Apples and Pears—Does Waist Size Really Matter?

As we get older, we all struggle with extra inches that seem to creep up overnight around our waists.

As we get older, we all struggle with extra inches that seem to creep up overnight around our waists. While we once might have accepted this as an annoying but inevitable part of ageing, medical research is showing that added girth is also a risk to heart health.

An important Swedish study has revealed that even for people of normal weight, a larger waistline brings a significantly higher risk of heart disease. Extra abdominal weight, also called visceral fat, creates an “apple-shaped” body type that places its owner at risk. While this body type is more common in men, women may also be “apples.” Many women, however, tend to carry weight around the hips and thighs, creating what is known as a “pear-shaped” body type.

What makes visceral fat so dangerous to your heart? A Harvard Medical School report says there is increasing evidence that it pumps out immune system chemicals called cytokines. These chemicals promote insulin resistance and low-level chronic inflammation—both of which can increase the risk of cardiovascular disease. 

Insulin is a hormone produced in the pancreas to carry glucose into the body’s cells, and has a major impact on metabolism. Insulin resistance means that your body’s muscle and liver cells don’t respond adequately to normal levels of insulin. This causes glucose levels in the blood to rise and increases the risk for diabetes. Insulin resistance, combined with high blood glucose, excess abdominal fat, unfavorable cholesterol levels and high blood pressure create what is known as the metabolic syndrome, a major risk factor for heart disease and stroke.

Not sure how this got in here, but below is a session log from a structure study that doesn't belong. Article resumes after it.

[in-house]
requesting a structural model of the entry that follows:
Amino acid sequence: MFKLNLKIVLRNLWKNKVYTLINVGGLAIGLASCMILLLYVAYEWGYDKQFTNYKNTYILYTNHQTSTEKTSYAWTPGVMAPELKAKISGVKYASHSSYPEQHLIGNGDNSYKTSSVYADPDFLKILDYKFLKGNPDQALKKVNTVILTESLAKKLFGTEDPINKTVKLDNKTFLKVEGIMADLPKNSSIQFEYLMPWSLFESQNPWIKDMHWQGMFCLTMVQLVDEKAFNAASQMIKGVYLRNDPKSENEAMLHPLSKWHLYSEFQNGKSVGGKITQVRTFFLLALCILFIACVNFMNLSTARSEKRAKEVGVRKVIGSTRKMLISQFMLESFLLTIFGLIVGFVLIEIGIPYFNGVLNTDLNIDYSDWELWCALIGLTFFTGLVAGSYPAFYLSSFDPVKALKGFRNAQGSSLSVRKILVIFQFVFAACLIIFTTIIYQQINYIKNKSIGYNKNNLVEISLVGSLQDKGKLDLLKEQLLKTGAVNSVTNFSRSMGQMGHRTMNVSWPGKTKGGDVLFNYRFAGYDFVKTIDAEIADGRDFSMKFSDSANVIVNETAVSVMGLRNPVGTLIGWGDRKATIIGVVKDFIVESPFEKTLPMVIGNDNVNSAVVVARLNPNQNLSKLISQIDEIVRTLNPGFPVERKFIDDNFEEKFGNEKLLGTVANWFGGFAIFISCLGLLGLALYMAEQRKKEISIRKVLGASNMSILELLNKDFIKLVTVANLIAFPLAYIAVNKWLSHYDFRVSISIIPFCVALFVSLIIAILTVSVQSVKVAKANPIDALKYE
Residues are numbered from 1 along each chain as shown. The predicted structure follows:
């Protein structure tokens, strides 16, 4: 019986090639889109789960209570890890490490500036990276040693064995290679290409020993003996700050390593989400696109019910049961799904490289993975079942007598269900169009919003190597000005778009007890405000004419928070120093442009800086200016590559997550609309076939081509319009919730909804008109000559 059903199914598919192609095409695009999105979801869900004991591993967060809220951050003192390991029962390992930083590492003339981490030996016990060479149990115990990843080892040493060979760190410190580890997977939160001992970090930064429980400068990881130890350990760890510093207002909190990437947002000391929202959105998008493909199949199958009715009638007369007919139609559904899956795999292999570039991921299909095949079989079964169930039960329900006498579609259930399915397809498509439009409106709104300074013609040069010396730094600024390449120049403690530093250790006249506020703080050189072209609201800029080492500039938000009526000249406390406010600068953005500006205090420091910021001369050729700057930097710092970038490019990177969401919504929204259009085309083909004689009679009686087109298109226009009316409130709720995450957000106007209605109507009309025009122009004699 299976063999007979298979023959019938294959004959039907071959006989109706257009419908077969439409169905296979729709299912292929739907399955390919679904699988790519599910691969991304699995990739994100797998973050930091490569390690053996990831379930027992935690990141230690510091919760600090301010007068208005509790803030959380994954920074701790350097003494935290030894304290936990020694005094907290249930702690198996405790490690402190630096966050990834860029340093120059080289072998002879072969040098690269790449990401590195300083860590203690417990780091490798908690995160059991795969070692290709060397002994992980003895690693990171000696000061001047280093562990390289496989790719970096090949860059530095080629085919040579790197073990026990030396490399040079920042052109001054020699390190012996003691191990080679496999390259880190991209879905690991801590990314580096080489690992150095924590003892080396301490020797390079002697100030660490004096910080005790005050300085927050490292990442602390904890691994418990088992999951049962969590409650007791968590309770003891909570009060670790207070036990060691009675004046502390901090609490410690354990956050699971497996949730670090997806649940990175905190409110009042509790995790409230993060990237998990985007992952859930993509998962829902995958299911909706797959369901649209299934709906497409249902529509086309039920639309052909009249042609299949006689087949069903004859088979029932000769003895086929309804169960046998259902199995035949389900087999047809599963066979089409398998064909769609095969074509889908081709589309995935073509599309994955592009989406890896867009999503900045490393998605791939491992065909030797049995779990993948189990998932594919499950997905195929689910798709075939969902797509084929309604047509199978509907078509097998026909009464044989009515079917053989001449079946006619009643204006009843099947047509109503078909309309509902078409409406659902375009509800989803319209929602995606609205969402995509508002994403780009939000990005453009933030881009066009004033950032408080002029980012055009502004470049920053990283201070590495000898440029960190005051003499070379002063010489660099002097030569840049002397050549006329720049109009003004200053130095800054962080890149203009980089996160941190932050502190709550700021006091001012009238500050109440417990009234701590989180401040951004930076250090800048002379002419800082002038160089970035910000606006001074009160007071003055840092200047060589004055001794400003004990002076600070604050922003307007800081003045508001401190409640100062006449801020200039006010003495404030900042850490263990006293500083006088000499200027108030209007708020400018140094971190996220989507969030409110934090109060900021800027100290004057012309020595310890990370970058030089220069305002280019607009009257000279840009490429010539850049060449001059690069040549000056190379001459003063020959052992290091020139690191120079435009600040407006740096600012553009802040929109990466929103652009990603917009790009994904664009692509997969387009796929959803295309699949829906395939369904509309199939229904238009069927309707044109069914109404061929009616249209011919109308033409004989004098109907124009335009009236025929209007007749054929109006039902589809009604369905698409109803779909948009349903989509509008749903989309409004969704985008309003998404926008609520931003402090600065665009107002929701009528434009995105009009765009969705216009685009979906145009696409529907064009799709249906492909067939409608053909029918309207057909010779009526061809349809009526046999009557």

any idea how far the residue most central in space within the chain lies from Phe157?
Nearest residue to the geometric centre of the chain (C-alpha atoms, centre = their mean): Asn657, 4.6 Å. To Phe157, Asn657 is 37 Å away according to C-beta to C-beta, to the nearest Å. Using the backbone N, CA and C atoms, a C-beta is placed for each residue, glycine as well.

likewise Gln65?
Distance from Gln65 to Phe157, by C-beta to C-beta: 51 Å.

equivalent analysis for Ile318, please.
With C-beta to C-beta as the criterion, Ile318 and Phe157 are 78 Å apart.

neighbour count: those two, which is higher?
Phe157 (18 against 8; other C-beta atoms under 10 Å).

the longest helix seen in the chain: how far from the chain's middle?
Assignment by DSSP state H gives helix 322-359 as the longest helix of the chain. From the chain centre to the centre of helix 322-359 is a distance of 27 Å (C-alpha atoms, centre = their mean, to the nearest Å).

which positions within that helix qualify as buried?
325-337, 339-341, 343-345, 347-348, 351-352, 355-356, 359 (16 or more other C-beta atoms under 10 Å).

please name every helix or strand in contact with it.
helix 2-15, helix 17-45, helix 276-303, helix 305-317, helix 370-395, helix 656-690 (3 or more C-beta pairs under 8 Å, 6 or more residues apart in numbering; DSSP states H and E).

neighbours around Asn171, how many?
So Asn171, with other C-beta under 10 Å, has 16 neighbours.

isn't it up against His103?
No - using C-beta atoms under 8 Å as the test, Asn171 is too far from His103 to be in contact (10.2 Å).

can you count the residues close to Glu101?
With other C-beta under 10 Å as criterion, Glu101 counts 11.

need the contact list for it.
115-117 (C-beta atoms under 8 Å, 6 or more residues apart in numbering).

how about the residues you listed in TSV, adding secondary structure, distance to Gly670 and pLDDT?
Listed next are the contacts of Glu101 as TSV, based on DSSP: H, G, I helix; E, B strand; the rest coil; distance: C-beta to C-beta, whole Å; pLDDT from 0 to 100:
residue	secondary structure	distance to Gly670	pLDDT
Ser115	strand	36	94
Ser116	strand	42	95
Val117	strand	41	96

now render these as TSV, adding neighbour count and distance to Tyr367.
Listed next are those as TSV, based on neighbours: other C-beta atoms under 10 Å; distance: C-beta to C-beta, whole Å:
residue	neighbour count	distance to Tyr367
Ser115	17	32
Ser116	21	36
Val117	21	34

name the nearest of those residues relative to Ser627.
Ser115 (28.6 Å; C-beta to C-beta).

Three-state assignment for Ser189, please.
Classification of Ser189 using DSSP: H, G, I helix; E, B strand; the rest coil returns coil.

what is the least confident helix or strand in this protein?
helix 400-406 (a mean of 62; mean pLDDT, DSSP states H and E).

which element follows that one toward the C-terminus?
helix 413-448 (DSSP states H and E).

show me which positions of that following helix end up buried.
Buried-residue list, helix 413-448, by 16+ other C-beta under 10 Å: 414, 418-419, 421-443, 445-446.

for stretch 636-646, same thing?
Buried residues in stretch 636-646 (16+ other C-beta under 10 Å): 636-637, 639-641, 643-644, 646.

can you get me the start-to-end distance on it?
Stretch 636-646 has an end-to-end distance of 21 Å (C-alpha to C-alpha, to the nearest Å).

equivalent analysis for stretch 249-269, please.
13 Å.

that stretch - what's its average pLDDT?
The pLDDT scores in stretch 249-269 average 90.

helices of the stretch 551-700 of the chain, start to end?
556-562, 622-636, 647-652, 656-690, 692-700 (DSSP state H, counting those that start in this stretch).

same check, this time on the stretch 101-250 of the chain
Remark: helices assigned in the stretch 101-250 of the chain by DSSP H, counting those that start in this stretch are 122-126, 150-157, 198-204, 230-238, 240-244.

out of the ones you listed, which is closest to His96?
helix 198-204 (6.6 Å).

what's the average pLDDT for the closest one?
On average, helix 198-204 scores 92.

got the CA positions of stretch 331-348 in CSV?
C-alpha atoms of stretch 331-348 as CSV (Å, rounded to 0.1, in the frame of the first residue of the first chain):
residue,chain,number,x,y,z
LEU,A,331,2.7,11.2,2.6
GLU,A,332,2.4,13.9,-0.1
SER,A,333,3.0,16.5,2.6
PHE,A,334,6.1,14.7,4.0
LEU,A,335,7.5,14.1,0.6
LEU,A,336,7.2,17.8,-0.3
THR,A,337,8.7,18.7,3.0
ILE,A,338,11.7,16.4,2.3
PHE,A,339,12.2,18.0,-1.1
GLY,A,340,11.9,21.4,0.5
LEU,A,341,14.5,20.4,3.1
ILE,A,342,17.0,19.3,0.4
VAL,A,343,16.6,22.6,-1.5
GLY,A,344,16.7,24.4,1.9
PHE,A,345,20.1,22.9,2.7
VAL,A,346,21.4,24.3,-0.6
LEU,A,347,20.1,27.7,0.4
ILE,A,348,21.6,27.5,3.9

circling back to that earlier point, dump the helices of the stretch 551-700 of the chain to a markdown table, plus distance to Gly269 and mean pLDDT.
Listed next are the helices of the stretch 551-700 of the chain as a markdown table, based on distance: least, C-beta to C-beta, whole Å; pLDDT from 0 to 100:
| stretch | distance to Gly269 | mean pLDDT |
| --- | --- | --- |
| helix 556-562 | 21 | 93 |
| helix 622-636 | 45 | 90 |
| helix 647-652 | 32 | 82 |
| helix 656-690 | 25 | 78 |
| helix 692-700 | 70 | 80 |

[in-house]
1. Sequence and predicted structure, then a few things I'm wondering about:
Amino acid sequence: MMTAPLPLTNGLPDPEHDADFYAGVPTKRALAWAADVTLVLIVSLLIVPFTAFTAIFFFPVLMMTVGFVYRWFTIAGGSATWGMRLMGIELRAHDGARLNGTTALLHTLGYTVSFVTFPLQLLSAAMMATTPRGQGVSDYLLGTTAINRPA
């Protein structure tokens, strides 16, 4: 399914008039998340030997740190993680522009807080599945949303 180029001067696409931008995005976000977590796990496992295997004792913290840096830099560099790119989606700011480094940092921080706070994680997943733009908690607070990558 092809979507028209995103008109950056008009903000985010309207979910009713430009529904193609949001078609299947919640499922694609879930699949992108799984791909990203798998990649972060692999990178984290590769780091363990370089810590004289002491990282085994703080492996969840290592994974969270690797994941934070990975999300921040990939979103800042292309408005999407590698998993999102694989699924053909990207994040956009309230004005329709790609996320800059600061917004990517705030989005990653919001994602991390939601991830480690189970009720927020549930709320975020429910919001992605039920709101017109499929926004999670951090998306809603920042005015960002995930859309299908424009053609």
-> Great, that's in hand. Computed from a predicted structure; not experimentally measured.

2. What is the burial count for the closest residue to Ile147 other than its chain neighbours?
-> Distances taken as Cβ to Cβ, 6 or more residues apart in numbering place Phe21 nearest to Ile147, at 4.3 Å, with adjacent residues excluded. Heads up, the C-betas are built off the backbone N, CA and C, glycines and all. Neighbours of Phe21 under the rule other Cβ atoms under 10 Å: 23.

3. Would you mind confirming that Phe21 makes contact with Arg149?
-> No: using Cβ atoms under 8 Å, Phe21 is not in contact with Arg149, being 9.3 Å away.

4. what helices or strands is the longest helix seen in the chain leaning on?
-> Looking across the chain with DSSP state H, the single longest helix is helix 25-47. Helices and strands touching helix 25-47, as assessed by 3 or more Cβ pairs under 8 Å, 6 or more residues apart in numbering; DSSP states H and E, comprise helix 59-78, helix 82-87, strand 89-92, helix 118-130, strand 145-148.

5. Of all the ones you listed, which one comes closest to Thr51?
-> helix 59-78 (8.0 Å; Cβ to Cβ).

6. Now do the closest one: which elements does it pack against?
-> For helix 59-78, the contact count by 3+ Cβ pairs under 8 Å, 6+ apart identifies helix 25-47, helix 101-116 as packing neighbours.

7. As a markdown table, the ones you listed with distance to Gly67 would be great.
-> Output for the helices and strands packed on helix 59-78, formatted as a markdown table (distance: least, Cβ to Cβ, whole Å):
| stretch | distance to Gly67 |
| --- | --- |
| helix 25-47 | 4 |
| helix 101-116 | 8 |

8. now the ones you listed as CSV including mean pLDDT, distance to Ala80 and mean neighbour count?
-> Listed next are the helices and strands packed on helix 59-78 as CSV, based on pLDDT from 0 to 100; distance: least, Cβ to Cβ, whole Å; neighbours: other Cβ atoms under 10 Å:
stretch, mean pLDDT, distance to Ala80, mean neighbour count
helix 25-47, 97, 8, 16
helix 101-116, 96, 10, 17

Is your waist size increasing your risk for heart disease? There are several ways to calculate your risk by using your waist measurement, the difference between your waist and hip measurements, and your Body Mass Index, or BMI—a number based on your height and weight. A simple guide can be found on the President’s Challenge Web site.

Once you have figured out your risk, what can you do about it? Losing weight, especially abdominal fat, can improve the function of your cardiovascular health, according to a study presented by Johns Hopkins researchers at a March 2012 American Heart Association scientific meeting. The study showed that the more belly fat the participants lost, the better their arteries were able to expand when needed, allowing more blood to flow more freely.

Half of the participants in the Hopkins study were on a low-fat diet and half were on a low-carbohydrate diet. Results demonstrated that the amount of improvement in the blood vessels was directly linked to how much abdominal fat the participants lost, regardless of which diet they were on. This was especially significant because it countered earlier concerns that a low-carb diet, which is higher in fat, would have a harmful effect on cardiovascular health. 

Increasing evidence, including that reported by Harvard Medical School, shows that diet combined with regular exercise is even more effective than dieting alone in reducing abdominal fat. While target exercises such as abdominal crunches may tighten stomach muscles, they will not decrease abdominal fat cells. The best approach has proven to be a combination of nutrition, increased activity and weight training. Interval training, which combines moderate-intensity aerobic activity with quick bursts at a higher intensity, also appears to be effective, as are core-strengthening exercise such as yoga and Pilates. Ask your health care provider or a personal trainer to help you create an exercise program that’s appropriate for you.

Eating one or two servings of fish rich in Omega-3 fatty acids per week, like salmon or tuna, decreases your risk for heart disease and even heart attack.